Protoje is in his head. One of modern reggae’s most important figure is in a contemplative, almost melancholy mood on his latest album, Third Time’s the Charm. Gone are the aspirational anthems and the superstar crossover collabs from previous records. This time, Protoje is leaning back, getting lost in his thoughts, and sinking into the riddims.
The 10-track set’s first single, “Hills,” finds Protoje recounting an idyllic period of isolation during the pandemic lockdowns. “Man, I been up in the hills, you know, like hide away, no sign a me, steam herb three time a day,” he sings in a swaggering trap cadence. “The Charm” samples legendary Jamaican singer Dennis Brown in its intro and blurs an easy skanking reggae rhythm into cavernous dub effects. A futuristic reggae feel permeates “Ten Cane Row,” which Protoje said was inspired by his meeting British soul singer Jorga Smith, whose smoky, sultry vocals on the song’s chorus contrast with his descriptive, crisply chatted verses.
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Over a bubbling reggae beat, Protoje further displays his romantic side on “Dreamy Eyes,” which is highlighted by his shifting vocal patterns, especially his impressive, accelerated pace on the third verse. Protoje’s reflective words espousing spiritual strength are delivered with precise intonation on “Heavy Load,” which is set to a lush, retro-soul orchestral arrangement that ideally frames Jamaican singer Samory I’s powerfully anguished, irresistible hook.
Like its predecessors, Third Time’s the Charm incorporates elements of classic and neo-soul, rock, and especially hip-hop, but this time around, Protoje strongly emphasizes his Jamaican/reggae roots. That said, this isn’t your parents’ reggae. Protoje, working with a stellar cast of producers including IV the Polymath and 8Track, and Jamaica’s Iotosh and Ziah .Push, distills various influences into an avant-garde sonic montage that propels his exceptional vocal flow and lyrical complexities to greater heights.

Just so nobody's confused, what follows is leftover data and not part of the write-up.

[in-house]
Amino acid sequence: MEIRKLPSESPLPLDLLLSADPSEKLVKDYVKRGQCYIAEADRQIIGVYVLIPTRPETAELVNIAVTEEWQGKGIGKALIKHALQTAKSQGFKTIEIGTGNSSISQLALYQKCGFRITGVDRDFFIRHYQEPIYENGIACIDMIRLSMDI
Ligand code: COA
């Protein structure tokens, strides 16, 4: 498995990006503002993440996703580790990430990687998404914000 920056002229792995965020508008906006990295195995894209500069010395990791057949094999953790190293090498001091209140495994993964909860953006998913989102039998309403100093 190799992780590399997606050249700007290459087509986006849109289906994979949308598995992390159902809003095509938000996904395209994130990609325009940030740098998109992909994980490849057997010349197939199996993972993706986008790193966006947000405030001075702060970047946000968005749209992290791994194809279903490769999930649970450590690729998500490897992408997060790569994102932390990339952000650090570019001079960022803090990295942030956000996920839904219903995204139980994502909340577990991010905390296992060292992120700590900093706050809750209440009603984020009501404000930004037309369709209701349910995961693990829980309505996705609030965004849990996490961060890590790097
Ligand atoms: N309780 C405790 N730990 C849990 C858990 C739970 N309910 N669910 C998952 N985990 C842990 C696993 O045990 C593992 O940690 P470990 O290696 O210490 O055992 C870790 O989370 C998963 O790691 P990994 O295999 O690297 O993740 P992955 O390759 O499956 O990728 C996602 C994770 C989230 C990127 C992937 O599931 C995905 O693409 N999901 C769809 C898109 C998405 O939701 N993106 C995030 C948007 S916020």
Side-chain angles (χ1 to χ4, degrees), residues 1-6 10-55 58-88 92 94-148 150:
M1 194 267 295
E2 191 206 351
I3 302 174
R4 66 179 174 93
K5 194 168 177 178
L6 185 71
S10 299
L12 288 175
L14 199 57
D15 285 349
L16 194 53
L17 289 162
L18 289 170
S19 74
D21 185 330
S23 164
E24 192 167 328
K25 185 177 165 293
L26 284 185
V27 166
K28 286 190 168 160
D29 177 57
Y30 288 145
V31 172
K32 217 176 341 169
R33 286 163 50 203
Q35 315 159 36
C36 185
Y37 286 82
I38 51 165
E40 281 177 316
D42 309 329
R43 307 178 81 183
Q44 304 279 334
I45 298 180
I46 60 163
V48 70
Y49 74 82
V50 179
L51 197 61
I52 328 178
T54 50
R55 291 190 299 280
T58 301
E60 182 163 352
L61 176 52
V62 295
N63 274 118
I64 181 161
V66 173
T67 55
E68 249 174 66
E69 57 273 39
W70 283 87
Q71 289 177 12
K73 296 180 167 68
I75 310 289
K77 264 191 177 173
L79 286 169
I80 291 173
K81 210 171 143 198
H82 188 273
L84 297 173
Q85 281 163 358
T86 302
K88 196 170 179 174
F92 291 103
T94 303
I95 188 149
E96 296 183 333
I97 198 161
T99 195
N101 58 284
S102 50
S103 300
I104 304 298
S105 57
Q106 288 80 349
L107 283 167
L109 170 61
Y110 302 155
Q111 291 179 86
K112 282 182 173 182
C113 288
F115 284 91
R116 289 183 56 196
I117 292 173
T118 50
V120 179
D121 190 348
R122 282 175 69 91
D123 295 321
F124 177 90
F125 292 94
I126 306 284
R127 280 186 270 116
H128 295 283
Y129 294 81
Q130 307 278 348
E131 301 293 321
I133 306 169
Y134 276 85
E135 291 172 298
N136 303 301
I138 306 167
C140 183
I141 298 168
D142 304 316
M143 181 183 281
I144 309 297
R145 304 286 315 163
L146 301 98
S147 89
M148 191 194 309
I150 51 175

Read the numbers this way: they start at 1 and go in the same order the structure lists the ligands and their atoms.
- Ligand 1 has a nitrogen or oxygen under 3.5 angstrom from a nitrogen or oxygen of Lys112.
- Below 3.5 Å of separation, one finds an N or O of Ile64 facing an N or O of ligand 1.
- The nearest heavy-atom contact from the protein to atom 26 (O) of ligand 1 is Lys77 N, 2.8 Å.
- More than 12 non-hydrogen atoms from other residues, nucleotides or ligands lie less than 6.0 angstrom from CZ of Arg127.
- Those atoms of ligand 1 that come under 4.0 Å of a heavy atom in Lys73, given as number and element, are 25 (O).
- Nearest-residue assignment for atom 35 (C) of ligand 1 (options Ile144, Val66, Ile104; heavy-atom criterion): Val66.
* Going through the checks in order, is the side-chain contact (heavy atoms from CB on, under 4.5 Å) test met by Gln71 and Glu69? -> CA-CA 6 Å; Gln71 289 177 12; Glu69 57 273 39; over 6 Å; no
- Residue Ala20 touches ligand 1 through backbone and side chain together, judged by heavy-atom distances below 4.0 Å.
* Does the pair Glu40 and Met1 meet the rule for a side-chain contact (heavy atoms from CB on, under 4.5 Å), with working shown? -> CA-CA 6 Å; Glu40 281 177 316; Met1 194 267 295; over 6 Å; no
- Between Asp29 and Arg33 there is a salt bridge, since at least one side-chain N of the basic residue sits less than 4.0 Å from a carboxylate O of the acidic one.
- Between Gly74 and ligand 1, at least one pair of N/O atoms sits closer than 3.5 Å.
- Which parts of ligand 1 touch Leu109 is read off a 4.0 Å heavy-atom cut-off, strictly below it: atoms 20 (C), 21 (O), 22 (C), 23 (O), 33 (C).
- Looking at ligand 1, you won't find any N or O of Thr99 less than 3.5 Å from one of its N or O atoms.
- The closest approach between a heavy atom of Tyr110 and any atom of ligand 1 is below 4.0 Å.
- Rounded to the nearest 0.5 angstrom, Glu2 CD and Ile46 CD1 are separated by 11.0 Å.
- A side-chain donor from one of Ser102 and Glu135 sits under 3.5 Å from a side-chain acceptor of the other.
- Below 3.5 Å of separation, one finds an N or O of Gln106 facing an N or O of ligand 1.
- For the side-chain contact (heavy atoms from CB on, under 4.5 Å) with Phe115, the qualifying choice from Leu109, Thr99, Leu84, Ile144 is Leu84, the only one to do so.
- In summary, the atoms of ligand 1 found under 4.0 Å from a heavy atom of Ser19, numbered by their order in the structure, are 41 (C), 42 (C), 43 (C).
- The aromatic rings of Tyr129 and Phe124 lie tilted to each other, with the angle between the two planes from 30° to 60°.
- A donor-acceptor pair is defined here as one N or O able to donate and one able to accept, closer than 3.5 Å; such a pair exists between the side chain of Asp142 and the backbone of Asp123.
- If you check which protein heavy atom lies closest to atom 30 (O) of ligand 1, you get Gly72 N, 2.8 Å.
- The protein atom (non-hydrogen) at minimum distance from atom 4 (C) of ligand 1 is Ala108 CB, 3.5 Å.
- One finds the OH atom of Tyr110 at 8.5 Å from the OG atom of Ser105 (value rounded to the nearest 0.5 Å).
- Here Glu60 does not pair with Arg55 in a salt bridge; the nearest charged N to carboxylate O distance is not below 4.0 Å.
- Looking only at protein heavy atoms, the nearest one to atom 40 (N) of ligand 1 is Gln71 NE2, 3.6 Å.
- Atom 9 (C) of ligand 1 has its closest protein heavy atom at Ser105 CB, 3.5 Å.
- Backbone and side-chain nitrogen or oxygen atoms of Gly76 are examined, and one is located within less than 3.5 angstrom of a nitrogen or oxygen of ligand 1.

Throughout his career, Protoje has recorded many incisive social commentaries, and “Late at Night” adheres to that precedent by addressing violence in Jamaica; the urgency of Protoje’s lyrics is intensified by his hypnotic staccato delivery: “Streets hot/Three Glocks/Beat shot/Kick back/Knee knock/Fall flat/Tree chop/Crime scene/See cops/Seize stock.” Sung over a blistering, bass heavy reggae rhythm and co-produced by Protoje and Oliver “Cadenza” Rodigan (son of venerable U.K. reggae radio personality Sir David Rodigan), “Late at Night” samples Jamaican singer Pam Hall’s “Children of the Night” (a reggae cover of the Stylistics’ 1972 soul nugget) with the dynamic Lila Iké providing the hauntingly sung chorus.
Protoje’s overall musical approach and the distinctiveness of this, his sixth studio album, is epitomized by the track “Incient Stepping,” produced by the innovative musical collective Zion I Kings, which Protoje (and many others) cite as the standard in modern reggae; over an ethereal soundscape that’s anchored in a resounding bassline, Protoje expresses his allegiance to Rastafari, juxtaposing reverential chanting with rapped verses and age-old mysticism with progressive vision. For all of Third Time’s the Charm’s genre-spanning inspirations and sampled, synthesized beats, it is unmistakably a reggae album that honors Jamaica’s great musical traditions yet incorporates bold experimentation to move those traditions forward; it’s also the finest representation of Protoje’s artistry to date. No wonder Protoje is so lost in thought. The man clearly has a lot on his mind.
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